have 2,000 golf courses in near future. In a world today beset by serious global occasion of the "the World No Golf Day"
Escaping from such a heavy environmental problems, there is no between April 26-29, 1993.
concentration in its own counlry, the room for environmental deslruction
Japanese developers are going abroad caused for the sake of a mere game. The first lwo days will be organized
lo seek for the cheaper land such as around exposures, presentation of case
Hawaii, Australia, South East Asia, etc. We, GNAGA, (The Global Network for sludies and working.group sessions. The
Anti-Golf Course Action), organized on ihird day will be reserved for strategy
Also in olher areas like Europe, Oceania, discussion. The workshop will end with
April 29, 1992 has begun networking
Pacific islands and Central America, golf an action day on April 29th 1993, the
with citizens around the world who are
course conslruclions continue to spread. I
opposing golf course development. And 'World No Golf Day".
Golf course conslruction results in through informatlon exchange and
serious problems for the local society networking with others abroad, we hope
near the sile including destruclicln of to be able to slop the development of goll
f orests, f armland and wetlands, and courses abroad by Japanese companies

Lcts Make a World Wide Anti-Golf Course Action on 2914193


Conference Reports

Starting over:
Wofiing Conftrence on Rebuilding Kauai's visitor industry
Tourism, Culture and Hawaii, February ll.-13, 1993

Development I{ui l{o'Okipa O Kauai, a new l-Iawaiian group hosied a


conference <ln the rebuilding of Kauai's visitor indu-stry fronr a
native I lawaiian persprective following the devastation of
|v[ay ?A - 29, 1993, Eguations, Bangalore
I{urricane Iniki. Co-spon-rcred by the l-Iawaii Ecumenical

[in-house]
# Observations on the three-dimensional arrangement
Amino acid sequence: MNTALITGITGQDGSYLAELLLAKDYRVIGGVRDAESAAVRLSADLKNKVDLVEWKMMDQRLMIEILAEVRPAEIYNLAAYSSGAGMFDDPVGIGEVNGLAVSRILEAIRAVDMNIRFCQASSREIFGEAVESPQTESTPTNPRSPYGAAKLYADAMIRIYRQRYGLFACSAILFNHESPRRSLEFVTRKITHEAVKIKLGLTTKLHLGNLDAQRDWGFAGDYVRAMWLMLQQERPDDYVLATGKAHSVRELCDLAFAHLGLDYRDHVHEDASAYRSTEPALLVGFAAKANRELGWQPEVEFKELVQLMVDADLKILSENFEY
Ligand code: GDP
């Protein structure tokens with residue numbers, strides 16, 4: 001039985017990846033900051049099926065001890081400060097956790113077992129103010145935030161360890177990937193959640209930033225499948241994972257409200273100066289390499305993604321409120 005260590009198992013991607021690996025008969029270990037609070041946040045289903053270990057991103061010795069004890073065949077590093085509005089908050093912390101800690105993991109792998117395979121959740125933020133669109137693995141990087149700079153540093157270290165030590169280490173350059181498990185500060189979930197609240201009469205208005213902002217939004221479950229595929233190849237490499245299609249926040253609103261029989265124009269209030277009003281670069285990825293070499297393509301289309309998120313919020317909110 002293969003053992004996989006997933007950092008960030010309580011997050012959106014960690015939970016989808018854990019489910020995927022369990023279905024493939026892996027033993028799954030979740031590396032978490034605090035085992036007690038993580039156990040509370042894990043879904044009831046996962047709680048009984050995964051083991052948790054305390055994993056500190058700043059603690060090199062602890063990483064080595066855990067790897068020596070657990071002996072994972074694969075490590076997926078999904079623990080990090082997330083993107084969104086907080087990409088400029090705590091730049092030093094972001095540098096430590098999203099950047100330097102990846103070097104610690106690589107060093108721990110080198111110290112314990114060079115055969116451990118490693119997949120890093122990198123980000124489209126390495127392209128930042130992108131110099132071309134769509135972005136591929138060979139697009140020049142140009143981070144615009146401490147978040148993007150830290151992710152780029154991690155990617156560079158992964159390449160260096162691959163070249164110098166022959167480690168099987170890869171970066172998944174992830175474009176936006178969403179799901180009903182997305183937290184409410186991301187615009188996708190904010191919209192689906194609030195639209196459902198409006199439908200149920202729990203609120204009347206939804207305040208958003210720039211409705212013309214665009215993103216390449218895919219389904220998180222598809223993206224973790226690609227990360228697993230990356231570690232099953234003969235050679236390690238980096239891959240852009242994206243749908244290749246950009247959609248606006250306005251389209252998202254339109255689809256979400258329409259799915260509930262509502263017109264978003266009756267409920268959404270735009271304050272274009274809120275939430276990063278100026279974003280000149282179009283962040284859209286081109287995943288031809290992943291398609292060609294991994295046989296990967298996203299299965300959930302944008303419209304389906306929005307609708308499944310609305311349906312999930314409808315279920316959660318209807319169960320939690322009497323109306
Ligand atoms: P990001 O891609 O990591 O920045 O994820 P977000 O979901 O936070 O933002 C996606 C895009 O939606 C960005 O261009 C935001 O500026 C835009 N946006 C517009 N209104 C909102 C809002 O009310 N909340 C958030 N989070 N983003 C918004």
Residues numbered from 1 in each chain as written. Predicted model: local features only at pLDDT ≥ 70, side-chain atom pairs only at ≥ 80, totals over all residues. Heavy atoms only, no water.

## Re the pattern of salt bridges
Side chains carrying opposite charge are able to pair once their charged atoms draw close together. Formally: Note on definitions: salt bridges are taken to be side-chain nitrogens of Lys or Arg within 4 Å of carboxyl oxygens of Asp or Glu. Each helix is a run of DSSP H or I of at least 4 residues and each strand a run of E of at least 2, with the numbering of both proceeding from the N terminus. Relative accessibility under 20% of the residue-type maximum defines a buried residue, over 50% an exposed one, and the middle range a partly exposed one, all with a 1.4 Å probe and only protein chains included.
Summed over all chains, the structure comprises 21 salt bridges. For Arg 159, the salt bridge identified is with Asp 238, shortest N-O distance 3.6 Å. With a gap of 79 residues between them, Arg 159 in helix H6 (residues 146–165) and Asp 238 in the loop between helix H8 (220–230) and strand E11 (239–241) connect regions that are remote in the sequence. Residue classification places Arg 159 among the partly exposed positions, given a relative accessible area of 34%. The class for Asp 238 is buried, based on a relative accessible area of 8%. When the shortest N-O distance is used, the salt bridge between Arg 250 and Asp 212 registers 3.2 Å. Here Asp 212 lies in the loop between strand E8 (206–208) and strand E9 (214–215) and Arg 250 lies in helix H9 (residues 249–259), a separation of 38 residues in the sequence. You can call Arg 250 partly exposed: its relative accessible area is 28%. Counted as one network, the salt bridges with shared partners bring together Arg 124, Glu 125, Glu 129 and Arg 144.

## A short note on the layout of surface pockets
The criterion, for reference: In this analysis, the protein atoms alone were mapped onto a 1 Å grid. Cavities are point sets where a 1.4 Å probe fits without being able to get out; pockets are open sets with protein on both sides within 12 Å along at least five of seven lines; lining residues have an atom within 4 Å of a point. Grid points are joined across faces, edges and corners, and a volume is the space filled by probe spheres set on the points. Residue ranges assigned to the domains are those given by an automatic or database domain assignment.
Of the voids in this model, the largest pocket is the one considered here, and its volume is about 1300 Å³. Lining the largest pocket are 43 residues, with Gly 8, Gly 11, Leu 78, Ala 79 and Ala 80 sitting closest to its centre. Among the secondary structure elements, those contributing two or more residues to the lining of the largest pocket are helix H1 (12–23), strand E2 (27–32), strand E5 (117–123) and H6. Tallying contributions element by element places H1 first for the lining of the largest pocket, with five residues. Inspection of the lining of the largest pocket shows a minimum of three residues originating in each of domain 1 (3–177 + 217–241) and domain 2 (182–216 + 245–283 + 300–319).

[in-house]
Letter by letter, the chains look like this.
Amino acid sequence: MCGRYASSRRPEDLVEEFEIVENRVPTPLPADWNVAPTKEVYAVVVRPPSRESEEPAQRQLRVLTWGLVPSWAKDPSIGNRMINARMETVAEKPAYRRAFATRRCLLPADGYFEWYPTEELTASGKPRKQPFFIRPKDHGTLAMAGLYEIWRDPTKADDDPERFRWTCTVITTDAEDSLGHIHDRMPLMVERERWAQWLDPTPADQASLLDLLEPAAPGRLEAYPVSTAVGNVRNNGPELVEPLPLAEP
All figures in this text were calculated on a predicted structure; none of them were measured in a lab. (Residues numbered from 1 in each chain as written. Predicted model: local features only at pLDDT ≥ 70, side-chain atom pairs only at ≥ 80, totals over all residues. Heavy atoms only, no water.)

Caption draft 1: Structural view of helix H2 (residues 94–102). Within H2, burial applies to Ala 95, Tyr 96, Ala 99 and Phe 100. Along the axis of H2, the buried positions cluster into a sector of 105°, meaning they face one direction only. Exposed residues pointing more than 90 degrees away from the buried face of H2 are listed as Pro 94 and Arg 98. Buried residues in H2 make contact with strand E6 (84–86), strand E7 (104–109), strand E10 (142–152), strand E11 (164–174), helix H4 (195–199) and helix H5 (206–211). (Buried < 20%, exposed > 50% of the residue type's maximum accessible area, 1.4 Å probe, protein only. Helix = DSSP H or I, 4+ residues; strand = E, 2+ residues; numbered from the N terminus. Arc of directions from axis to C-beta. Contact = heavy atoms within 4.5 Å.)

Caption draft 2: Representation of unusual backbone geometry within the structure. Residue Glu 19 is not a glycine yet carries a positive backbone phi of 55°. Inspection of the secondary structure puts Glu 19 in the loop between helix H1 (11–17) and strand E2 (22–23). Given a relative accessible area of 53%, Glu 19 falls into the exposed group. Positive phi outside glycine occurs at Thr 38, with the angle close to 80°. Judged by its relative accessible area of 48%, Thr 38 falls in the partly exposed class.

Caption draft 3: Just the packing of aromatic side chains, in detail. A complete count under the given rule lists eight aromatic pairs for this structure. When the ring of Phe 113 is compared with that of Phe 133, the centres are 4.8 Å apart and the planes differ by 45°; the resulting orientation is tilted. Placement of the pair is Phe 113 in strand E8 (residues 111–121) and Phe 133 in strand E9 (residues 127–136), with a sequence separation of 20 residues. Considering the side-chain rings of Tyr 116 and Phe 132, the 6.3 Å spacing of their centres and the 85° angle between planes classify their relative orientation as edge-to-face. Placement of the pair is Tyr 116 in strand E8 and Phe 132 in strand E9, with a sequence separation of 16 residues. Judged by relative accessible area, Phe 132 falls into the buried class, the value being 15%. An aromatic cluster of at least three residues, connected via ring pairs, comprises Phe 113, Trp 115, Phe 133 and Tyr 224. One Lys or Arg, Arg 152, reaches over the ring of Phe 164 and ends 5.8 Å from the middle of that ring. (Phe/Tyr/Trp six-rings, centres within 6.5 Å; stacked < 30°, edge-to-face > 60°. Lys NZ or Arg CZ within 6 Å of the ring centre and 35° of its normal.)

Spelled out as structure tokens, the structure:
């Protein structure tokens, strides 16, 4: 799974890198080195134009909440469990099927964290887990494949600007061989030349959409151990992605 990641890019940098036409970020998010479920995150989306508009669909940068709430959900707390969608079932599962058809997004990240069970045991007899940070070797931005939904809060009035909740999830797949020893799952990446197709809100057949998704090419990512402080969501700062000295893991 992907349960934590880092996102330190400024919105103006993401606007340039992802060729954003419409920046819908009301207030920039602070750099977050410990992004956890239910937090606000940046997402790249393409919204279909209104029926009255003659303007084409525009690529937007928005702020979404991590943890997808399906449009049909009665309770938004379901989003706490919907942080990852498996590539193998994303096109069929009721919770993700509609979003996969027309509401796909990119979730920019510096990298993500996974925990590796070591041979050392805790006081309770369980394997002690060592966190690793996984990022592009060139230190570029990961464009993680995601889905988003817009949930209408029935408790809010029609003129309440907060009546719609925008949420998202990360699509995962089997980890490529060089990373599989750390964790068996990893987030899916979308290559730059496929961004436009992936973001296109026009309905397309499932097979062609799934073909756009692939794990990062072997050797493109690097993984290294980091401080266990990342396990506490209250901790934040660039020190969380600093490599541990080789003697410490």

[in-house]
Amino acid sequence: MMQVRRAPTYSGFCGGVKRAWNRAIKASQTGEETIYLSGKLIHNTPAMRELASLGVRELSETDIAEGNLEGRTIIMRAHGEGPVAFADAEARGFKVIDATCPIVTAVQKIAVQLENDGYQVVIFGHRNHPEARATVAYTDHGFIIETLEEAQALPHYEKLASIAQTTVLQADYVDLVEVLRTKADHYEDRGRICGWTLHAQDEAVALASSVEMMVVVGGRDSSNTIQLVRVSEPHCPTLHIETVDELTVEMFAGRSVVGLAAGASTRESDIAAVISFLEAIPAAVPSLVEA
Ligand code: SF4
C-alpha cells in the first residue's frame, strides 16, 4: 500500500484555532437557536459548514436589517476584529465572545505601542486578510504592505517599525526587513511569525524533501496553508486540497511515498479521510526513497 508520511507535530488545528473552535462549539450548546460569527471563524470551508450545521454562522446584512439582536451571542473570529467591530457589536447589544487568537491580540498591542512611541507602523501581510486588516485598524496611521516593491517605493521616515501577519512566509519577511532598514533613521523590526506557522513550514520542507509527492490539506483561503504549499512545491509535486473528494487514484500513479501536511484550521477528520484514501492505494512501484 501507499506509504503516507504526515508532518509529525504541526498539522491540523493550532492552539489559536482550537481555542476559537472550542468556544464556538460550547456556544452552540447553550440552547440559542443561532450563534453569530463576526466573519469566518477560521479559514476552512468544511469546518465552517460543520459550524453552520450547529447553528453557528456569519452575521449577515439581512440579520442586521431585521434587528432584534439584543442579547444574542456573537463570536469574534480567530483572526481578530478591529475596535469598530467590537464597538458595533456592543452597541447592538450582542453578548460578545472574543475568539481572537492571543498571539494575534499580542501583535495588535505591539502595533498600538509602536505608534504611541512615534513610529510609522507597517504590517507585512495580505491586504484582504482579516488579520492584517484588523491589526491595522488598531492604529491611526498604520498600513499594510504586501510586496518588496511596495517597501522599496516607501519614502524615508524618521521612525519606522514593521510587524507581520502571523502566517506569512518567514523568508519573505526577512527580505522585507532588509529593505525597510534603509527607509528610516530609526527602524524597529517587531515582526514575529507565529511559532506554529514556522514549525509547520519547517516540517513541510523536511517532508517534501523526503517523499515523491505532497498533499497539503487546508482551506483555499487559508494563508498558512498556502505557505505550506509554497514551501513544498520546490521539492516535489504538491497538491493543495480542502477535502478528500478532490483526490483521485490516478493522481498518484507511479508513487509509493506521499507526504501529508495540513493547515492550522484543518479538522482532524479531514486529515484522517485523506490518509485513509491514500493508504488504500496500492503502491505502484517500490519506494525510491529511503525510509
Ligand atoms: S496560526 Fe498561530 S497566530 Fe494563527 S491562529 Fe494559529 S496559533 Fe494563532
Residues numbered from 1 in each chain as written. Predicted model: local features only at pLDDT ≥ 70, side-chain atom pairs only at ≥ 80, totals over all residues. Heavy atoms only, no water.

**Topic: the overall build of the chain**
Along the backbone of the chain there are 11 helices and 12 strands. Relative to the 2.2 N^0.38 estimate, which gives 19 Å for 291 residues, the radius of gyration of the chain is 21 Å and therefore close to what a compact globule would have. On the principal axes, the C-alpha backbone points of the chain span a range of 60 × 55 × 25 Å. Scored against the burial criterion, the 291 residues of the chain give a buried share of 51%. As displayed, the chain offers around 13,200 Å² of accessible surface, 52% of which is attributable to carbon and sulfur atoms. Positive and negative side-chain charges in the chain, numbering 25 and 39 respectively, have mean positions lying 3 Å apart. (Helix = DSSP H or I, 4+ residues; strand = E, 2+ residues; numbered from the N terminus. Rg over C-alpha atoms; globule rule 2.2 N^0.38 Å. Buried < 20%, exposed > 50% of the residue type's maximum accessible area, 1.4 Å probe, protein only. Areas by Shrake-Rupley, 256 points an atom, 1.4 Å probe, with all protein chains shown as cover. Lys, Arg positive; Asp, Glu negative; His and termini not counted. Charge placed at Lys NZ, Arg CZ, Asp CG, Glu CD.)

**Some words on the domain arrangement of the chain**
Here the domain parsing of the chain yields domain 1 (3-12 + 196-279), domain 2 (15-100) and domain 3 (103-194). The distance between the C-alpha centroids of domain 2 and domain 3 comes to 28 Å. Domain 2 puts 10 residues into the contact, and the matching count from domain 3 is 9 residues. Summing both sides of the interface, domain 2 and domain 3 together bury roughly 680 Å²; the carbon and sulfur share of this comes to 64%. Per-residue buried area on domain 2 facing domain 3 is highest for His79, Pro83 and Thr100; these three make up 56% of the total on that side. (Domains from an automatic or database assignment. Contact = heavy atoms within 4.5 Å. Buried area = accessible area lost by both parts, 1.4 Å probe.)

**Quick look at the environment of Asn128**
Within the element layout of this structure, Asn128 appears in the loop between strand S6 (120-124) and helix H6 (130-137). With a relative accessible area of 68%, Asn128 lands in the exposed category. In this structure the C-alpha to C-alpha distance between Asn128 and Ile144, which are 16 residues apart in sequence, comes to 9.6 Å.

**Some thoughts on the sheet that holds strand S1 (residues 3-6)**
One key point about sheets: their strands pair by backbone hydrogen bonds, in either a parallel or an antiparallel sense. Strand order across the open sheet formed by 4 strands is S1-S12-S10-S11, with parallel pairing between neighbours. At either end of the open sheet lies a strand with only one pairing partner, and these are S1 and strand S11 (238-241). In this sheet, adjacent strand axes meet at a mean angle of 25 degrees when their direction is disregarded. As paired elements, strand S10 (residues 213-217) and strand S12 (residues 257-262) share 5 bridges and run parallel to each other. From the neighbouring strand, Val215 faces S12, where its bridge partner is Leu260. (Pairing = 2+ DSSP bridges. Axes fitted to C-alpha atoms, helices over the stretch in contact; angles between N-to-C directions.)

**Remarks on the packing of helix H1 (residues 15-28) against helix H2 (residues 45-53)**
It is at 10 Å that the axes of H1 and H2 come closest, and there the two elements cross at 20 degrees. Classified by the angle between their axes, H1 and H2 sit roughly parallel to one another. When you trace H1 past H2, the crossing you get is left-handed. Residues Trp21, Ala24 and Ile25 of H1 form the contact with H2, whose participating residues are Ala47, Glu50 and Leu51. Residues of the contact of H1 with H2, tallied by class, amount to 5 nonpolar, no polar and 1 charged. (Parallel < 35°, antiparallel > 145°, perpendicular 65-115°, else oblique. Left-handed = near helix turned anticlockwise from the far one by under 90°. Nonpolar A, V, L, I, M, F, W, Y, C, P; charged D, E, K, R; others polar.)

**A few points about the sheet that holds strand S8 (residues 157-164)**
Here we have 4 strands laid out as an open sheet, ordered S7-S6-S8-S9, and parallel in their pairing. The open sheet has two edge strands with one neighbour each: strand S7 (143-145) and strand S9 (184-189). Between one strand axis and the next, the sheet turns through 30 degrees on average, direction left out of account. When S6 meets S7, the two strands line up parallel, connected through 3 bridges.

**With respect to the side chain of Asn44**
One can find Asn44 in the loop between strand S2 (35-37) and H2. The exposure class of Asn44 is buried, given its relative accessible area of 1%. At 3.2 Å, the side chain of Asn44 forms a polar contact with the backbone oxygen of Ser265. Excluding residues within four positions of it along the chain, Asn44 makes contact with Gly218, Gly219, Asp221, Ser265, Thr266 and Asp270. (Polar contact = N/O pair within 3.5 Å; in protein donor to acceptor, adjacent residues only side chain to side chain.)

Coalition, repr€Eentatives fronr the native l-Iawaiian community
and the visitor industry global tourism activists etc. also
One of the initiatives during 1993 at EQUATIONS is an
Participated.
experimental forum that would bring tqgether a group of
individuals and organisations who have worked with tourism
related issues or are con-sidering working with the same. The
purpose of this workshop is both e(pository and exploratory: an HUI HO'OKIPA O KAUA'I
attempt te generate and transmit learnings in tourism through an
,t-\action between research lindings and action experiences. Hul Ho'oklpa O Kaua'|, a new non-profit, grassroots organization
, -..,icipants will therefore be drawn from activist groups, tourisnr has been formed to provide, for the first tinre on Kaua'i, a unified
practitioners, academics, the press, etc. voice of influence for the NaLive Flawaiian conrmunity in visitor
industry affairs.
The expository content would seek to familiarisg participants with
existing and conllicting perspectives on tourism and their Composed of Native l-lawaiian leaden fnrm around the island and
limitations. These perspectives will be drawn from development fircm representativesegnrents of the l-lawaiian community on Kaua'i,
economics, history, anthropology, sociology/ecology and membership is opren to all Native Flawaiian households on Kaua'i as
postmodernism. The divergent perspectives on tourism as an well as otlrcr supportive island residents.
instrument of development would l'relp us examine tl're protentials
and weaknesses of such strategies as alternative tourisnt, Mlsslon Staternent (Atlopted 1 Decentber 1992)
sustainable tourism, etc.
We are an organization that has enrerged from Hurricane Iniki to
At the exploratory level the programme begine with case studies of assunre a key role in the rebuilding of Kauai's visitor industry so lhat
destination regiors and action groups (both within the industry and it is at least nrore responsive to thegoalsof ourl-lawaiiancomnunity